An F-35 stealth fighter went missing after a pilot ejected during a “mishap” on Sunday afternoon.
It’s unclear if the jet was left on autopilot and continued flying or if it crashed somewhere.
If it kept flying, as reports indicate it may have, it could echo a Cold War incident involving a Soviet aircraft.
The curious case of a missing F-35 stealth fighter in South Carolina has authorities — and civilians — searching high and low, especially considering the jet may have continued flying on its own for some time even after its pilot ejected.
As surprising as a rogue jet on autopilot may be, it wouldn’t be the first time a military aircraft has flown on without its pilot. Toward the end of the Cold War, for example, one Soviet pilot witnessed his jet fly off without him after he ejected from it and continue flying for over 500 miles.
On Sunday afternoon, Joint Base Charleston confirmed a “mishap involving an F-35B Lightning II jet” in which the pilot had to eject. Joint Base Charleston didn’t give further details on the incident or what specifically prompted the ejection, but it did request the public’s help in locating the missing jet.
“Emergency response teams are still trying to locate the F-35,” the base said on Facebook, adding on X, the site formerly known as Twitter, that if anyone had “any information that may help our recovery teams locate the F-35,” they should call in.
Joint Base Charleston also noted efforts to locate the jet would be focused north of the base, “around Lake Moultrie and Lake Marion,” based on the jet’s last known location, in coordination with the Federal Aviation Administration.
Officials haven’t confirmed or denied if the jet crashed, although Joint Base Charleston spokesperson Jeremy Huggins told NBC News the jet was left in autopilot mode when the pilot ejected from the aircraft, meaning it could’ve remained airborne for a time, though as of midday on Monday, authorities were certain it was no longer flying.
Flight radar data showed the paths of aircraft searching for the missing F-35 in the areas where it was last tracked.
The US Marine Corps and Joint Base Charleston didn’t immediately respond to Insider’s request for comment on whether or not the autopilot was engaged and the possibility that the aircraft could have flown after the pilot ejected.
But if the F-35 was still flying in a so-called “zombie state” after its pilot ejected, the bizarre situation would echo a Cold War-era incident involving a pilotless Soviet MiG-23.
In July 1989, Belgium was up in arms after a Soviet MiG-23 fighter jet crashed into a man’s home outside the western city of Kortrijk, killing the resident, The New York Times reported at the time. The MiG-23 pilot had apparently ejected while flying over Poland after experiencing an alleged “malfunction.”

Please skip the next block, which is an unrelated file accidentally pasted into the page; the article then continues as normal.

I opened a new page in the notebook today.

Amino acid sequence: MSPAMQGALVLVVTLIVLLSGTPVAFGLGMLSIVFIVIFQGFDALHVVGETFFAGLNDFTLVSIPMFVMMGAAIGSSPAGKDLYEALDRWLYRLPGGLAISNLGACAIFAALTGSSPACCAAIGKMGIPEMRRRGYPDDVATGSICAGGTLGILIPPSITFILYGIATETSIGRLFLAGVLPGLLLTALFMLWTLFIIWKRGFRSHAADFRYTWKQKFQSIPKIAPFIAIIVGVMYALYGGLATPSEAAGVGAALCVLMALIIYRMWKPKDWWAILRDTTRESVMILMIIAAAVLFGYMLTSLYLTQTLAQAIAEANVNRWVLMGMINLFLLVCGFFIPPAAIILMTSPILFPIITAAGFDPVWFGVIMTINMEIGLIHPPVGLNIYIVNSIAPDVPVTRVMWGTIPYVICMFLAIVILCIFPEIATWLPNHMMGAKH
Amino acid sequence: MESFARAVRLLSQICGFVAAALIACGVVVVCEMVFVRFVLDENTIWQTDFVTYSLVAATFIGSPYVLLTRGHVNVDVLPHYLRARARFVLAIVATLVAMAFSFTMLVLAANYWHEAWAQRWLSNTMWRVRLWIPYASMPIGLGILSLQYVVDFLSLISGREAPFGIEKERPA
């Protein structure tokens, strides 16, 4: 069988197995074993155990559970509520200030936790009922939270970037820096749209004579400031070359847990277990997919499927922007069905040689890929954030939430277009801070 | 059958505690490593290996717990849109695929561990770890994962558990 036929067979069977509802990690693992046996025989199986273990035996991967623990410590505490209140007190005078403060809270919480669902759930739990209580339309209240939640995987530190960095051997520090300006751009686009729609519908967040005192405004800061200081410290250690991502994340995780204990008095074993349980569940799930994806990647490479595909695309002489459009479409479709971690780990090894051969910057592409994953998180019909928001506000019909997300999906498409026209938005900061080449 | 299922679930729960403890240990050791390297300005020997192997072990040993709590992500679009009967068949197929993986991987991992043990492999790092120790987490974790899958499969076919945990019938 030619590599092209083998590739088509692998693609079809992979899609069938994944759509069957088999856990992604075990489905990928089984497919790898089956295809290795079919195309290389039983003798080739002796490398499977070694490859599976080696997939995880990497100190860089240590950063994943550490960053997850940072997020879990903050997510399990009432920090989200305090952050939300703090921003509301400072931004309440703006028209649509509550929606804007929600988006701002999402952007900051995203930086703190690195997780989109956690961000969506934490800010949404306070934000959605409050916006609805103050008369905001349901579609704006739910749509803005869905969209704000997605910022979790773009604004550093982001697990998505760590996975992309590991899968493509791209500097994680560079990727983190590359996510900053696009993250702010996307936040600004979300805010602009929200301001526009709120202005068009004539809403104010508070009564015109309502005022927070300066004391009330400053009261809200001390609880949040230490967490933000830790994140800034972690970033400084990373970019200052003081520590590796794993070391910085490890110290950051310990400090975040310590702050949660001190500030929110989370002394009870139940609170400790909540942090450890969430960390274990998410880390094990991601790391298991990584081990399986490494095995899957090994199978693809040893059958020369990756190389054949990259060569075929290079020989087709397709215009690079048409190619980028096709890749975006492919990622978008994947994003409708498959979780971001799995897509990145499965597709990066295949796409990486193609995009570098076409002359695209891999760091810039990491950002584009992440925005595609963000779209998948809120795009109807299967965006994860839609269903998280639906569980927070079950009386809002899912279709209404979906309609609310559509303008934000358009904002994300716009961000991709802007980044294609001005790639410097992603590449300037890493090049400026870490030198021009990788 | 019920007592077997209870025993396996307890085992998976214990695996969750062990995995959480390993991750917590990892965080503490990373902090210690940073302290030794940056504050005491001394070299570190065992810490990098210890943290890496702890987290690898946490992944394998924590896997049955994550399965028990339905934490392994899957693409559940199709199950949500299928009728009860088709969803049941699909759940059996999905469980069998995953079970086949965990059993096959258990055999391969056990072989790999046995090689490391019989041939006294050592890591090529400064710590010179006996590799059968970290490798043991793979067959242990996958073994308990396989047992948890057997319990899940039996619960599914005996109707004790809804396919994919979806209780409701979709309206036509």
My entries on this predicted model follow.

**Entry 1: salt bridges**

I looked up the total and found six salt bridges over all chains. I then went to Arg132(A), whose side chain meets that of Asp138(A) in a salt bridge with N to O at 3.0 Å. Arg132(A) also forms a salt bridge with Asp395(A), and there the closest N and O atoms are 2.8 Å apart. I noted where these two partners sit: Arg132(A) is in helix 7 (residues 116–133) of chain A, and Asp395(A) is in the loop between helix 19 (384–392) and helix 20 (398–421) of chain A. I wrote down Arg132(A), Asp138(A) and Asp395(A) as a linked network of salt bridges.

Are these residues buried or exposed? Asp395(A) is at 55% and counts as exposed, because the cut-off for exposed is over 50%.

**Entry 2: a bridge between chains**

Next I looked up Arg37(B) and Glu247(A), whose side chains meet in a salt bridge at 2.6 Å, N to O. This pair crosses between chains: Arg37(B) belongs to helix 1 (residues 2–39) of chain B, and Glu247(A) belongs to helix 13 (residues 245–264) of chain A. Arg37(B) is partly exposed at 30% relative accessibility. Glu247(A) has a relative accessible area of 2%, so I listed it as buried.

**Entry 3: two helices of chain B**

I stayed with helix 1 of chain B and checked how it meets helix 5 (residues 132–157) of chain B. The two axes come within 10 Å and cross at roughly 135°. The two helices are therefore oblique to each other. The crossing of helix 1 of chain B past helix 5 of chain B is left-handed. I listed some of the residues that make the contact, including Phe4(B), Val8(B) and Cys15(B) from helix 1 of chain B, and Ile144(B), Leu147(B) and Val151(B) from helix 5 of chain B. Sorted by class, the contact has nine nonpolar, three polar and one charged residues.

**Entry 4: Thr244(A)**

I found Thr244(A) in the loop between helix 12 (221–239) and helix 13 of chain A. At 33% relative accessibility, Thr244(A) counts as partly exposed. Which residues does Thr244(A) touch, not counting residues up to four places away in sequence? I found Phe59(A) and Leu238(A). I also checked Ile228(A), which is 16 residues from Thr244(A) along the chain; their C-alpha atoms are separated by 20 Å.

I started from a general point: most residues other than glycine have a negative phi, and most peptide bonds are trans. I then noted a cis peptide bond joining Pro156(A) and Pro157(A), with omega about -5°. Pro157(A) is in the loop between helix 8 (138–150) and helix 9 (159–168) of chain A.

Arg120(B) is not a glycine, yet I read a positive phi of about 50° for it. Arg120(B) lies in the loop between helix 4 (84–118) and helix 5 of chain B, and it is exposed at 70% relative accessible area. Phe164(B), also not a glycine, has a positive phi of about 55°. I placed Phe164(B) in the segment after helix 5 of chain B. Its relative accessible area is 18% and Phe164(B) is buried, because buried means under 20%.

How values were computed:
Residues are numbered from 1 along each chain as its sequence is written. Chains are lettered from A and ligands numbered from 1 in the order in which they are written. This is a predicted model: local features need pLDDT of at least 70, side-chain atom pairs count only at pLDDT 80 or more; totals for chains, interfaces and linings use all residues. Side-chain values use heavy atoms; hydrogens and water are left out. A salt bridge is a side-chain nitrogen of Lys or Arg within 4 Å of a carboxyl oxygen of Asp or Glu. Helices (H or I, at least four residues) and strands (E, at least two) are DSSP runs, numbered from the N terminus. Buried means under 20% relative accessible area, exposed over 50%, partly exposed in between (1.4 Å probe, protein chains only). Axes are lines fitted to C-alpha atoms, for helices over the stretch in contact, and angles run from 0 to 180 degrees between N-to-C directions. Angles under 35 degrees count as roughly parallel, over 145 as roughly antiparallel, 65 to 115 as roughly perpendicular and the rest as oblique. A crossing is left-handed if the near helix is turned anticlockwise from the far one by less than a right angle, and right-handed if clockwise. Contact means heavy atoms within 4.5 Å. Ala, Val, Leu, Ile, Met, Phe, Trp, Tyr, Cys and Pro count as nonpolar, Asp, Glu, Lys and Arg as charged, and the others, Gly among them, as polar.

But rather than crashing, the MiG-23 continued flying for around 560 miles on autopilot, easily passing over East and West Germany and the Netherlands before it finally crashed. The Belgian Foreign Minister at the time noted that the jet had been picked up by NATO radar more than an hour before it crashed, yet there was no Soviet response, including to questions about what weaponry the jet was carrying.
Another similar incident in which a military aircraft flew on, though not nearly as far, after its pilot ejected is the 1970 “Cornfield Bomber” incident that saw a Convair F-106 Delta Dart interceptor fighter land, surprisingly in one piece, in a farm field in Montana without a pilot.
And as for the currently missing F-35, authorities are still having trouble tracking it. Huggins told The Washington Post the jet’s transponder, which helps locate the aircraft, was not working “for some reason that we haven’t yet determined.”
The B variant of the F-35 Lightning II Joint Strike Fighter is a short takeoff/vertical landing variant designed for use by the Marine Corps aboard amphibious assault ships and airfields with short runways.
The F-35 is considered to be a highly advanced fifth-generation fighter aircraft known for its high-end capabilities and stealth. Manufactured by Lockheed Martin, the fighter is expensive. A single F-35B is estimated to cost around $90 million, and the 60-year program to develop and maintain the jets expected to cost more than $1 trillion, making it the costliest weapons program in US history.
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